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Thirty Years Ago On March 10, 1912, 5000 people gathered in front of the San Diego city jail at Broadway and Front Street to demand an end to the ban on public speaking. The police called in the fire department to disperse the crowd with 150-pound pressure hoses. "My cousins were very interested in the Wobbly activity here in San Diego and after the war when I went into the fire department they took pleasure in telling me what happened here," said Bert Shanklund, 87, retired San Diego fireman.

"My older brother Clement rode the rails clear down from Montana to be parta' that fight," recalls "Codger" Bill Lewis, 77. "When he finally got back some months later, he said that what the police and vigilantes did in San Diego was the worst head busting he'd ever seen. They kilt two Wobs and ya' don't know how many more bodies they mighta' dumped in the desert." -- "HOW SAN DIEGO TOOK CARE OF ITS WOBBLIES," David Helvarg, March 10, 1977

Twenty-Five Years Ago Robert O. Peterson, [f]ounder of the Jack-in-the Box restaurant chain...converted the building from a furniture factory to executive offices for himself and his wife, former city councilwoman Maureen O'Connor. So it came as some surprise when Peterson recently allowed his building's carefully tended curtain of anonymity to be lifted a bit by permitting Mayor Wilson to move his U.S. Senate campaign headquarters into the structure. -- CITY LIGHTS: "BUT NO LOUD SPEECHES AFTER TEN," Matt Potter, March 11, 1982

Twenty Years Ago Men, read no further. This story contains things you don't understand, things you probably don't care about anyway. The heaviness of face cream has never been a big concern of yours. Coating one's face with walnut shells seems like a strange thing to do. Spending half an hour at a cosmetic counter is incomprehensible and, if you happen to be on the waiting end, intolerable. You have never experienced the thrill of using a virgin tube of lipstick, nor do you expect to. -- "THERE'S A FACE FOR US!" Brae Canlen, March 12, 1987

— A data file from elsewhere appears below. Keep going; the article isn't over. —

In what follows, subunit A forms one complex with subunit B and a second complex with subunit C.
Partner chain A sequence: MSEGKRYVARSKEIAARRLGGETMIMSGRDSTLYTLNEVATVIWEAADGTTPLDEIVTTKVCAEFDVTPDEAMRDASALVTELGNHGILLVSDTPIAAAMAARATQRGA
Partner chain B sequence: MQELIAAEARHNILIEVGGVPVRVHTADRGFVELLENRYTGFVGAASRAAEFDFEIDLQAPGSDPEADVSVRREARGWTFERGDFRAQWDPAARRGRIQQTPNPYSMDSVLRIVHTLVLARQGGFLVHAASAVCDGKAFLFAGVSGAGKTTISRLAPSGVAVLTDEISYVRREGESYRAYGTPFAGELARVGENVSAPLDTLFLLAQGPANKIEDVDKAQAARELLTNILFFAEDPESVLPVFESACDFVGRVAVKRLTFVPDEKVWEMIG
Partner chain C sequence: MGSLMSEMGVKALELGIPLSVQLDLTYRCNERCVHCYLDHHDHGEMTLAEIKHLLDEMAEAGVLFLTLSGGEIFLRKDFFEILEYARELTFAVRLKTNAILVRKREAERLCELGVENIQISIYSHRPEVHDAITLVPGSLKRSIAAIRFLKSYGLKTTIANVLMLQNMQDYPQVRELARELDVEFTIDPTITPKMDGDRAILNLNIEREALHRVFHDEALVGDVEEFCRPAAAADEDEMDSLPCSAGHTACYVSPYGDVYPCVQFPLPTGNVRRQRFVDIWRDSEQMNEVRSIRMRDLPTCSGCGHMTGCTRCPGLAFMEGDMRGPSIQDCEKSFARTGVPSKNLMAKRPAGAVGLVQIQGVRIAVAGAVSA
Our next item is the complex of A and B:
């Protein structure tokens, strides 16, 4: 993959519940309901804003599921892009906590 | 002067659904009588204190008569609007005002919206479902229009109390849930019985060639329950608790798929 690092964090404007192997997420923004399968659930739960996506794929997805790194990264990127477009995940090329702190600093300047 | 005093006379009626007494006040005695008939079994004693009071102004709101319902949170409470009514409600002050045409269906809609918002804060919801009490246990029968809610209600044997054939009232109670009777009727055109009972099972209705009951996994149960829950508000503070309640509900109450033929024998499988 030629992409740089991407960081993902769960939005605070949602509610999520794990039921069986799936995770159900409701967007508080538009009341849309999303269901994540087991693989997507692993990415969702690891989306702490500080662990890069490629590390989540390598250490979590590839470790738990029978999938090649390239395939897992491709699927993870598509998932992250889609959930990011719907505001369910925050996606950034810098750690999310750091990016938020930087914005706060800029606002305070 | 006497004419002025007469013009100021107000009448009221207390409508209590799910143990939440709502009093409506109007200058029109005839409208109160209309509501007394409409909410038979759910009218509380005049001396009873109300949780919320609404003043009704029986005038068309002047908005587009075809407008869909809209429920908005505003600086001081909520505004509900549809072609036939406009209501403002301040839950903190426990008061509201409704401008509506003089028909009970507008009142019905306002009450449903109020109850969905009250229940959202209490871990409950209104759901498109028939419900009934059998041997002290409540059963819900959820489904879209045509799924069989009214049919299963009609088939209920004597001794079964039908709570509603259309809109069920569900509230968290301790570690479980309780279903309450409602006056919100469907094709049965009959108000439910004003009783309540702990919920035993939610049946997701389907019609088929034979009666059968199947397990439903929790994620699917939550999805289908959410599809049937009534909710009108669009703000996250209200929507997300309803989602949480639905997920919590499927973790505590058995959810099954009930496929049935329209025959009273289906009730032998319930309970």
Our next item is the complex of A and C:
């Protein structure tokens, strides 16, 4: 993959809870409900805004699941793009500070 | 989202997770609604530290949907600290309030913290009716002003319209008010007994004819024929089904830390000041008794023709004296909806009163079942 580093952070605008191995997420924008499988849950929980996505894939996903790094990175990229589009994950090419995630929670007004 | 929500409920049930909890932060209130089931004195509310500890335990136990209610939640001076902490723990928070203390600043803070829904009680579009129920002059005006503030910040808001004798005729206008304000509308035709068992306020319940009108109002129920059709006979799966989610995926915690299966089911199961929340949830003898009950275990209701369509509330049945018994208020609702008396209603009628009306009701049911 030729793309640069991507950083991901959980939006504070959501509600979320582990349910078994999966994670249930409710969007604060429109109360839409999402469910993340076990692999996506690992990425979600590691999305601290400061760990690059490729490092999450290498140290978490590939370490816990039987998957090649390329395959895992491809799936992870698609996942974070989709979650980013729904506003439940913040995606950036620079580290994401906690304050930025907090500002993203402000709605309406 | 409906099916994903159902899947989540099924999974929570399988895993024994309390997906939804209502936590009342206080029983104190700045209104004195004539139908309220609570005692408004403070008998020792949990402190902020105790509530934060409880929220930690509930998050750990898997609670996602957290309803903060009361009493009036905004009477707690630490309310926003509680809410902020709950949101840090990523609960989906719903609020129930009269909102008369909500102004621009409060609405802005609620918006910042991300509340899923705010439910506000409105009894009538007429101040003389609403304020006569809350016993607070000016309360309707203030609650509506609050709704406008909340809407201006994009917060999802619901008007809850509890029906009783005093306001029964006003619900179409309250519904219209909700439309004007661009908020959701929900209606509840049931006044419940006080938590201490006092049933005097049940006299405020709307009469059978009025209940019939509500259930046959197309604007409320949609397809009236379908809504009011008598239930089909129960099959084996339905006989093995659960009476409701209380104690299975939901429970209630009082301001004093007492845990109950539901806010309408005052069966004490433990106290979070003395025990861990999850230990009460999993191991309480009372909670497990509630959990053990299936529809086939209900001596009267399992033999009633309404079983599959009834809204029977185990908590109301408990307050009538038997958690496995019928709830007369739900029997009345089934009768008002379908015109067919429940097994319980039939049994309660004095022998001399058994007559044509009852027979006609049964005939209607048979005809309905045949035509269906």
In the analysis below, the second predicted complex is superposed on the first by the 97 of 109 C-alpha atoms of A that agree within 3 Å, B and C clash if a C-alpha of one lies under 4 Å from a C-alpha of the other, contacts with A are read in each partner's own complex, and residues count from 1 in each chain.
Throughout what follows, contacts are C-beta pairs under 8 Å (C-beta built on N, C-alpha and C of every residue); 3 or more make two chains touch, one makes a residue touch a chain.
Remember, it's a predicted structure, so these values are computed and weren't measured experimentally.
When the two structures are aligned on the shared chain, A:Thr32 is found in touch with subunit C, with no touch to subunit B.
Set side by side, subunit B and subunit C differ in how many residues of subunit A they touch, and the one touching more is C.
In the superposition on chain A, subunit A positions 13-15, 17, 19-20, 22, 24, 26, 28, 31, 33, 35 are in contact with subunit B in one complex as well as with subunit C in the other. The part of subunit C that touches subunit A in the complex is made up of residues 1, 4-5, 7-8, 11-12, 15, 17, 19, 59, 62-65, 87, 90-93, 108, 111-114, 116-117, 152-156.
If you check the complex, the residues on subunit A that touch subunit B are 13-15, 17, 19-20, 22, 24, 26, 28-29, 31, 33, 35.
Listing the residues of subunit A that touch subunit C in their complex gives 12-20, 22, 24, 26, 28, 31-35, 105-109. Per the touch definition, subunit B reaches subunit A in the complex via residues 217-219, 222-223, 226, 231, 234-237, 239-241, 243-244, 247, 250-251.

Fifteen Years Ago "In rock portage, trainees have to haul their rubber boats along the top of the boulders that form the Hotel Del breakwater. When they get to the end of the breakwater, they have to launch into the surf. And when those waves build to 10 or 12 feet, crashing right on the rocks, it's just about impossible to complete the mission. That's when people start getting hurt." -- "GOON SQUAD IN HELL WEEK," Bill Salisbury, March 12, 1992

Ten Years Ago When the Polish government called [Czeslaw Milosz] back to Poland, he defected. "I knew," he would later say, "that my country was becoming the province of an empire."[Thomas Merton's] autobiographical bestseller, The Seven Storey Mountain, was published in 1948 and made Merton's name known worldwide.

Milosz's letters to Merton were stored in the Merton archives in Kentucky.... Milosz visited Claremont several months after Faggen first read the letters. Faggen said to Milosz, "I really think these letters ought to be published," to which Milosz replied, "Well, maybe."

Milosz was seeking a defense, a Pascalian defense, of Christianity. One reason Milosz became interested in Merton was the hope that Merton would be the kind of man to provide this. But he didn't. -- READING: "STRIVING TOWARDS BEING: THE LETTERS OF THOMAS MERTON AND CZESLAW MILOSZ,"

Judith Moore, March 6, 1997

Five Years Ago In Diane's view, there's some truth to the idea that girls connect to horses because horses are like girls -- high-strung, emotional, intuitive -- but they have what girls and women lack: physical power. If a woman can control an enormous, strong-willed animal, she's not powerless. To gain that control, however, is not simple. -- "HORSES AND THEIR WOMEN," Laura McNeal, March 7, 2002

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